Chita Rivera: The Dancer's Life
Also see David's review of A Tale of Two Cities
Though inclement weather in many nearby areas diminished the size of the crowd, those present at the Paramount opening of Chita Rivera: The Dancer's Life got to see for themselves that Broadway's original Anita, Velma Kelly and Aurora is still going strong at age 74. As on Broadway (where the song list was slightly different and there was a child actress playing the young Chita, who doesn't figure in the tour), this show is more a review of highlights of an amazing, lengthy career than it is a tell-all life story, ala Elaine Stritch At Liberty. Those seeking inside showbiz dish will be disappointed. Those seeking a warm-hearted, snappily paced, and above all vibrantly sung and danced entertainment have come to the right show.
Humor and good taste inform Terrence McNally's book while melodic, witty original songs by Lynn Ahrens and Stephen Flaherty punctuate the showstopping numbers from many of Chita's musicals. Frequent collaborator, director/choreographer Graciele Danielle, creates a fluidity of movement throughout as Chita and her accomplished ensemble of dancers skillfully execute a multitude of dance styles (highlighted by Alan Johnson's recreation of Jerome Robbins' choreography and Tony Stevens' recreation of Bob Fosse's moves).
For general audiences the West Side Story tribute perhaps will resonate the most, and Chita makes it impossible to believe that it has been 50 years since she created the role of Anita, especially when her vocal of the Bernstein/Sondheim "A Boy Like That" is so eerily similar to the way she sounds on the original Broadway cast album. The male dance soloists in the company get a great spotlight in a segment dedicated to the men in Rivera's off-stage life, and a sequence saluting her choreographers is also a high point.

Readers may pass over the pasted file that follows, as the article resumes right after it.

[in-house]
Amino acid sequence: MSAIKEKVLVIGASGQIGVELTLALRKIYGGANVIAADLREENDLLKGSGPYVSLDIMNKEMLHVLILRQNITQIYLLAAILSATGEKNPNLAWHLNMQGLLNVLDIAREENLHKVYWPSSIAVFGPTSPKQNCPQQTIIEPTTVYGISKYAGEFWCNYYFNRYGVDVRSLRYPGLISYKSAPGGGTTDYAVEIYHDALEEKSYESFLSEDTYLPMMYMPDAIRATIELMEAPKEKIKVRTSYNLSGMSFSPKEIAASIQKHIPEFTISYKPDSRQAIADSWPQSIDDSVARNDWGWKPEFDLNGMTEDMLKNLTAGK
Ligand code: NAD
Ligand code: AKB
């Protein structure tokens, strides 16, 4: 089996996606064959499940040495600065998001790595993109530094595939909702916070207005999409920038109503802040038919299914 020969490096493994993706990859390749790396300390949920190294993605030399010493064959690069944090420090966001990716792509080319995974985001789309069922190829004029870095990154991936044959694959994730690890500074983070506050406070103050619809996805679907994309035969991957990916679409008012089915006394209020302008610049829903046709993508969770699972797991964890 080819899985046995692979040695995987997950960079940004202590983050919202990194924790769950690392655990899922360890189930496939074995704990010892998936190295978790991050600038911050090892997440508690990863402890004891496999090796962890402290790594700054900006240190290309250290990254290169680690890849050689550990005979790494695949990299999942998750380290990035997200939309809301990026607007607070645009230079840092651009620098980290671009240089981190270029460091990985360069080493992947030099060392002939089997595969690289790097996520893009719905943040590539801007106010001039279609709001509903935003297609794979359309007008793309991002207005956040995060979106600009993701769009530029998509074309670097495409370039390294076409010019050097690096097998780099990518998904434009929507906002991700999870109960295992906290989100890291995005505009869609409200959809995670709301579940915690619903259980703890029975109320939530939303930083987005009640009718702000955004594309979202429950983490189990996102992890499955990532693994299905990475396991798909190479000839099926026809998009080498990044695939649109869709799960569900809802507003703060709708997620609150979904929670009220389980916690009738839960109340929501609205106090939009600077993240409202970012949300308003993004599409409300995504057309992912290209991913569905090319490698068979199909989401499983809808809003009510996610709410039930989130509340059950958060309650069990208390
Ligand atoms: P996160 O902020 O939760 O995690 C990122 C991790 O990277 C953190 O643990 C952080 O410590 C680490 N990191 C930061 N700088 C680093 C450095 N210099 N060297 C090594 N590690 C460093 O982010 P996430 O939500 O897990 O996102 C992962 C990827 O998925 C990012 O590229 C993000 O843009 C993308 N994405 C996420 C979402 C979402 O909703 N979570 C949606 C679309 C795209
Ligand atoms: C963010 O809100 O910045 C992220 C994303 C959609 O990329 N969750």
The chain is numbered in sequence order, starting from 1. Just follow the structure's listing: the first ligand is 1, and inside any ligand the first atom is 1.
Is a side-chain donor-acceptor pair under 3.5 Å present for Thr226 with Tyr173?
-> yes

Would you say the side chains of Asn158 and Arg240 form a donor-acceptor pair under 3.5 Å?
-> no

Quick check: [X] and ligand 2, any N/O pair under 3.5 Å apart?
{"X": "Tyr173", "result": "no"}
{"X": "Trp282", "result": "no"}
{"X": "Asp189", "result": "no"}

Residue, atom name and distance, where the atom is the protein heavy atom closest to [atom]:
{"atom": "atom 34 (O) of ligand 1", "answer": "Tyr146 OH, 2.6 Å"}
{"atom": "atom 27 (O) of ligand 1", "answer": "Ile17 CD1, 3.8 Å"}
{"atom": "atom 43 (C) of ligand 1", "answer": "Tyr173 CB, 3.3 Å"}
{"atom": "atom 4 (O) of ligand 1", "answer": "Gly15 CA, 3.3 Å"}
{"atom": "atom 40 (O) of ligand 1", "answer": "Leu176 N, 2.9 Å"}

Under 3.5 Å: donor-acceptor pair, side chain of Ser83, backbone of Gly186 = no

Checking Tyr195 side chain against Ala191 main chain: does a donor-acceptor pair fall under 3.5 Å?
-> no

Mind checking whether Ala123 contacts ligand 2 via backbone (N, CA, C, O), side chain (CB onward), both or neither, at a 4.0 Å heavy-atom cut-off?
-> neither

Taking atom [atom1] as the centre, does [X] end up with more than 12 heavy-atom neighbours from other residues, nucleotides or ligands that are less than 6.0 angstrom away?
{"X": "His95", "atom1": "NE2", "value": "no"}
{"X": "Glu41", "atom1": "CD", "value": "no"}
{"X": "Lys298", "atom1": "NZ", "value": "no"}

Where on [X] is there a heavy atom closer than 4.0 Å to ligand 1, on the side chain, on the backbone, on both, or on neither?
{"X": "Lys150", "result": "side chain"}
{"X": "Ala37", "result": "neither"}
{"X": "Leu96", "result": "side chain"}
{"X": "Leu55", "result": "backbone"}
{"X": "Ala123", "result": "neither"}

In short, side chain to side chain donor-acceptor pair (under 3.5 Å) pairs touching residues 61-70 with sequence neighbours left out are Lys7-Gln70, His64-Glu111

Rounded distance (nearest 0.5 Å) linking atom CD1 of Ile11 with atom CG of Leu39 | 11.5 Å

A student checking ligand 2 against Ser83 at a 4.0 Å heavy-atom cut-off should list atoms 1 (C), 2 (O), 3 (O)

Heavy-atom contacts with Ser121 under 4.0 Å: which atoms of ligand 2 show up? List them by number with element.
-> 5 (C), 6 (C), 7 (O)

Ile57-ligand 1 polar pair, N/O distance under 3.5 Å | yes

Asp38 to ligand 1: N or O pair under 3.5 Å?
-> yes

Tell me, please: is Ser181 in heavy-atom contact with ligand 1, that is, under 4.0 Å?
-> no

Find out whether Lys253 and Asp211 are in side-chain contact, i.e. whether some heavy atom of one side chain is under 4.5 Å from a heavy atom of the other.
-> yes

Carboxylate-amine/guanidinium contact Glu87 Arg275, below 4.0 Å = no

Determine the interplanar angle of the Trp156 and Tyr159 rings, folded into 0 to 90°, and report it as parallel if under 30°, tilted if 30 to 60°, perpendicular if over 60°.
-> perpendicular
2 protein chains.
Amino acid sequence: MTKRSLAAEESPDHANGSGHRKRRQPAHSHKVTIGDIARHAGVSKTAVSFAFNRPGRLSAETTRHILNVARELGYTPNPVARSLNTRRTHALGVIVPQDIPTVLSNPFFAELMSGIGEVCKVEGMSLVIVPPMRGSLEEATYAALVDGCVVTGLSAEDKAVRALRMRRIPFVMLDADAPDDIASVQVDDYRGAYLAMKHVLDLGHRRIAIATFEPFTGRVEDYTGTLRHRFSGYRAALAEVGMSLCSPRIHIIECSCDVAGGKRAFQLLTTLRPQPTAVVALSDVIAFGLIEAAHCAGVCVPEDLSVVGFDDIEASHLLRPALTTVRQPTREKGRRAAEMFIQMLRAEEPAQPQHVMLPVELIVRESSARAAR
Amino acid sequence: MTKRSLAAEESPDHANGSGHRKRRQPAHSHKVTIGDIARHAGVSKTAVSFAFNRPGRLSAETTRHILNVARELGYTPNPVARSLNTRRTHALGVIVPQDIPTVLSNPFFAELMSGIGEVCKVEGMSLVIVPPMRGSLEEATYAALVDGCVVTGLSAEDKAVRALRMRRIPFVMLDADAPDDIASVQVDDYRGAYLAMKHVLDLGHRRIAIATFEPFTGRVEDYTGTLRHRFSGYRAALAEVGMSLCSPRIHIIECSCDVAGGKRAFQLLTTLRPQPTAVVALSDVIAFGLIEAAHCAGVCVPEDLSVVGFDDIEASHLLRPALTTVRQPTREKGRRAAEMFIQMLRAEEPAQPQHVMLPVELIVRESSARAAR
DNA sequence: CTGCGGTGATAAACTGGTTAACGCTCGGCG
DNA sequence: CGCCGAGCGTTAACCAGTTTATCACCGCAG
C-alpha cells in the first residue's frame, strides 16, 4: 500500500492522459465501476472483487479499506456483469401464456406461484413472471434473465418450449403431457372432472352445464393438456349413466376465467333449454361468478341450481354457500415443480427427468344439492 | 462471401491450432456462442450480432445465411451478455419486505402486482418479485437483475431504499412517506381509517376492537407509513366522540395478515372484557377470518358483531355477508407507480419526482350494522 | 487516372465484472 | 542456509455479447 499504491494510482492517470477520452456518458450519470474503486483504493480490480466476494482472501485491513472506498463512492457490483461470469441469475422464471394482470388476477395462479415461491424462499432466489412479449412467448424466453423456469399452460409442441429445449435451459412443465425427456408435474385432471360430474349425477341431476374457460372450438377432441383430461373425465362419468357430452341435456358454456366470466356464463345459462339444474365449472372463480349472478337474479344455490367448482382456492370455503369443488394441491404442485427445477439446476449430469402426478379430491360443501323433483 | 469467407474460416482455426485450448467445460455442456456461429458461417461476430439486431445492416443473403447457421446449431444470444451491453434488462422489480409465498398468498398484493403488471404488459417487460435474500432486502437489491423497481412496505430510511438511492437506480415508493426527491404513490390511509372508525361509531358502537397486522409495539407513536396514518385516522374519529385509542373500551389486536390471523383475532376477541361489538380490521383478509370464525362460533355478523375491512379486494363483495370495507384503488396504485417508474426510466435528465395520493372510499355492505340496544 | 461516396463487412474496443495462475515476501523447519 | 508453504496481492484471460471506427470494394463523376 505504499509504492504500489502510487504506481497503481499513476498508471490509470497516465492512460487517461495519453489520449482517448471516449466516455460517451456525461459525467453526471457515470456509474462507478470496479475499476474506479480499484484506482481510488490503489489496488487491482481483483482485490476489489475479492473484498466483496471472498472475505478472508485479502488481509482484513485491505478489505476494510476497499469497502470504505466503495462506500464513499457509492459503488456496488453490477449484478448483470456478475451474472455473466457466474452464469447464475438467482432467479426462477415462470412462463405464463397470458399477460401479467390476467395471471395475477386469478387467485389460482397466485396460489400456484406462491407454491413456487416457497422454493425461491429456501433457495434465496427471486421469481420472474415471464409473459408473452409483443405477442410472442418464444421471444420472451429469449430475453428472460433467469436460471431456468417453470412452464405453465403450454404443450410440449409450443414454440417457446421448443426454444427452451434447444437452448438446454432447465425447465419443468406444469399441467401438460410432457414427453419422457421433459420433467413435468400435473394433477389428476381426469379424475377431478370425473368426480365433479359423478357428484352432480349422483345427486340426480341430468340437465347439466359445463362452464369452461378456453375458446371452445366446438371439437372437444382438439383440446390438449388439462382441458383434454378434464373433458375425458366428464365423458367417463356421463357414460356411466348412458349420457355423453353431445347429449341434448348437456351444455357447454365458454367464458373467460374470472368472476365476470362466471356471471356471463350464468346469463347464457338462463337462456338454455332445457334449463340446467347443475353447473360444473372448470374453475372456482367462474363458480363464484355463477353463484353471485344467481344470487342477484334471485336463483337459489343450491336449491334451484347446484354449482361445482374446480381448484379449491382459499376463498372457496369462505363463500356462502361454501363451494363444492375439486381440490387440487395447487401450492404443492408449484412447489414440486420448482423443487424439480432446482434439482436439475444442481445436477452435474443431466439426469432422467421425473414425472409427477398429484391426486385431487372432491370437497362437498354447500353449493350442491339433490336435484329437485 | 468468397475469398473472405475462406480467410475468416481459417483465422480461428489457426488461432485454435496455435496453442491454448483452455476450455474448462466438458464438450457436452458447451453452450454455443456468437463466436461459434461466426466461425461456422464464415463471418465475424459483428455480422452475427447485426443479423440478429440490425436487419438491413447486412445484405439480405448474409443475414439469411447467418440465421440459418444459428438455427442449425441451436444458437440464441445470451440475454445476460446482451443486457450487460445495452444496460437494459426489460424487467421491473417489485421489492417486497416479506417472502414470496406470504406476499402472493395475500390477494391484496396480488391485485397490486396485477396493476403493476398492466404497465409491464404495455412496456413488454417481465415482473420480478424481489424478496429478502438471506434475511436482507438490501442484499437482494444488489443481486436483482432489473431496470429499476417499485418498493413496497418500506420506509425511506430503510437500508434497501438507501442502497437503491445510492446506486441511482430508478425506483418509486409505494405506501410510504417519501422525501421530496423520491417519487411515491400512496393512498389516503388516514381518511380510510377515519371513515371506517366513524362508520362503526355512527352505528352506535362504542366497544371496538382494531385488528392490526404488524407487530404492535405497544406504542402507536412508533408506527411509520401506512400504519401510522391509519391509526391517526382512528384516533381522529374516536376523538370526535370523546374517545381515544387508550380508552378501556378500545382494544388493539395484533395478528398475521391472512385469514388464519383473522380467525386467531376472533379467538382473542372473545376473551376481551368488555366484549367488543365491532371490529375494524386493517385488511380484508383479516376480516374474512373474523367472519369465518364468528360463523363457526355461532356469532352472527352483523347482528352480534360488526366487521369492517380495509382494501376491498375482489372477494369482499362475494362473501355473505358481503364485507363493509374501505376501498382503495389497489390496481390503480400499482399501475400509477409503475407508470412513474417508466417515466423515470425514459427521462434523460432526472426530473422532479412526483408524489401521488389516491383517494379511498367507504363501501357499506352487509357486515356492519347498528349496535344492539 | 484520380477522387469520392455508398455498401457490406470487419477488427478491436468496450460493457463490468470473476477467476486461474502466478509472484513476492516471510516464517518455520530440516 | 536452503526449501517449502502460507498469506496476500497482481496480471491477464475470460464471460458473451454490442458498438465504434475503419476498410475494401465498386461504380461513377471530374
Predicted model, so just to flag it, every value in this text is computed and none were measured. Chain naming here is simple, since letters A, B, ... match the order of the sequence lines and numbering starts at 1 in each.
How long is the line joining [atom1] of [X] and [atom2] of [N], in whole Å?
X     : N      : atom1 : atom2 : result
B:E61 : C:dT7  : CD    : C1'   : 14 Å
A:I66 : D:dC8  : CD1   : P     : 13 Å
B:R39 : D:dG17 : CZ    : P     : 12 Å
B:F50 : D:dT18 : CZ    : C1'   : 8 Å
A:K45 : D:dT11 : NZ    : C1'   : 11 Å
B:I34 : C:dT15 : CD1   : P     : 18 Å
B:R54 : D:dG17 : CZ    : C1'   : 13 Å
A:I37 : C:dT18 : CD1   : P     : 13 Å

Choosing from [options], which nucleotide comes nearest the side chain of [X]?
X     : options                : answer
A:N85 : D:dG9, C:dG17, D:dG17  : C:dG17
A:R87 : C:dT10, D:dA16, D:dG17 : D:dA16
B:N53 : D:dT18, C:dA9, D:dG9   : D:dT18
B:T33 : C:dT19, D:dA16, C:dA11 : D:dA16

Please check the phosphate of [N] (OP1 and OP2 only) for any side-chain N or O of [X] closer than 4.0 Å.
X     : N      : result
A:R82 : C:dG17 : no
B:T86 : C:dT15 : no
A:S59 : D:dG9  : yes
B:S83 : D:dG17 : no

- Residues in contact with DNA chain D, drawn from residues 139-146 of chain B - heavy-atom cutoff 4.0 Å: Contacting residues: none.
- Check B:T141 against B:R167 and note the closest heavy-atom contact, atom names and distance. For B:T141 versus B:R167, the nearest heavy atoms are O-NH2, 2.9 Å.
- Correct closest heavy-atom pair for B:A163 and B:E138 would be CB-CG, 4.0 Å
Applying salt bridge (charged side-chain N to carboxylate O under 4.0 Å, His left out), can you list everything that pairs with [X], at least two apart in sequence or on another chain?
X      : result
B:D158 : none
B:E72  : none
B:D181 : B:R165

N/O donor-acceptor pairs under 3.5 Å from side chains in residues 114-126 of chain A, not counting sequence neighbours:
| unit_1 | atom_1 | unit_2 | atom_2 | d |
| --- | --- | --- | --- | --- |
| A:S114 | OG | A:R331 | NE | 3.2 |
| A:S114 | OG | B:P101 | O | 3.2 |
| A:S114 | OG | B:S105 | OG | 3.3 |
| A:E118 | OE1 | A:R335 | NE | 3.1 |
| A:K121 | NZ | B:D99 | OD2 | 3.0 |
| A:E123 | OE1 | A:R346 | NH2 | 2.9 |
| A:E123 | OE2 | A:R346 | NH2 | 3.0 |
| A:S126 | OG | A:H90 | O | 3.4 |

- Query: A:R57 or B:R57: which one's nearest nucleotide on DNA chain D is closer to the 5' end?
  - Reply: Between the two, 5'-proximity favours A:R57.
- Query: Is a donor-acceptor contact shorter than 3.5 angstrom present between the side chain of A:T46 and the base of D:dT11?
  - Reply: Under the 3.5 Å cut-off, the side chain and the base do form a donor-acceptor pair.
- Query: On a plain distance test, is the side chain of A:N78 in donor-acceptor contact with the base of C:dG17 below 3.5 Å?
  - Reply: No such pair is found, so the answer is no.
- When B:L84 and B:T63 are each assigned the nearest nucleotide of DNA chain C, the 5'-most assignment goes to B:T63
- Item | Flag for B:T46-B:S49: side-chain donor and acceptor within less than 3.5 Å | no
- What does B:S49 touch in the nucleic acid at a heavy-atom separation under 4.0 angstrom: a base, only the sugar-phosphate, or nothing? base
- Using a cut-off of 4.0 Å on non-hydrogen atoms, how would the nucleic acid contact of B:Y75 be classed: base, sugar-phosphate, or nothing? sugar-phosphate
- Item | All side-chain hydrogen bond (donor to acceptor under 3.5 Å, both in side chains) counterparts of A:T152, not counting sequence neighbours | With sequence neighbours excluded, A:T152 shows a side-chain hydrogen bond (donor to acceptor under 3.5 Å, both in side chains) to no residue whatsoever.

The standout moments in the show belong to two of Chita's numbers from Chicago. A tribute to her late, legendary idol and eventual Chicago co-star Gwen Verdon has Rivera in one spotlight, with another spot where Gwen would be. This is the show's most moving and transcendent moment, and it felt oddly placed at the end of act one, as it seemed to be an ideal next to closing moment for the show. As for Chita's "All that Jazz," sorry Catherine Zeta-Jones, Bebe Neuwirth and the rest of you. Rivera is the one and only original Velma Kelly.
Loy Arcenas' scenic design and Beverly Emmons' lighting design combine to give the production a rich, sleek look, and the star and ensemble are handsomely attired in the fine costumes by Toni-Leslie James.
With a return to Broadway in the Kander and Ebb musical The Visit still brewing, we can look forward to another memorable characterization from this legendary triple threat entertainer. Meanwhile, Chita Rivera: The Dancer's Life should be required viewing for all hopeful performing arts students, as it offers a vibrant lesson in the kind of dedication, perseverance and discipline necessary to sustain a career in show business.
Chita Rivera: The Dancer's Life at the Paramount, 9th & Pine in downtown Seattle through March 4. For more information go online at www.theparamount.com.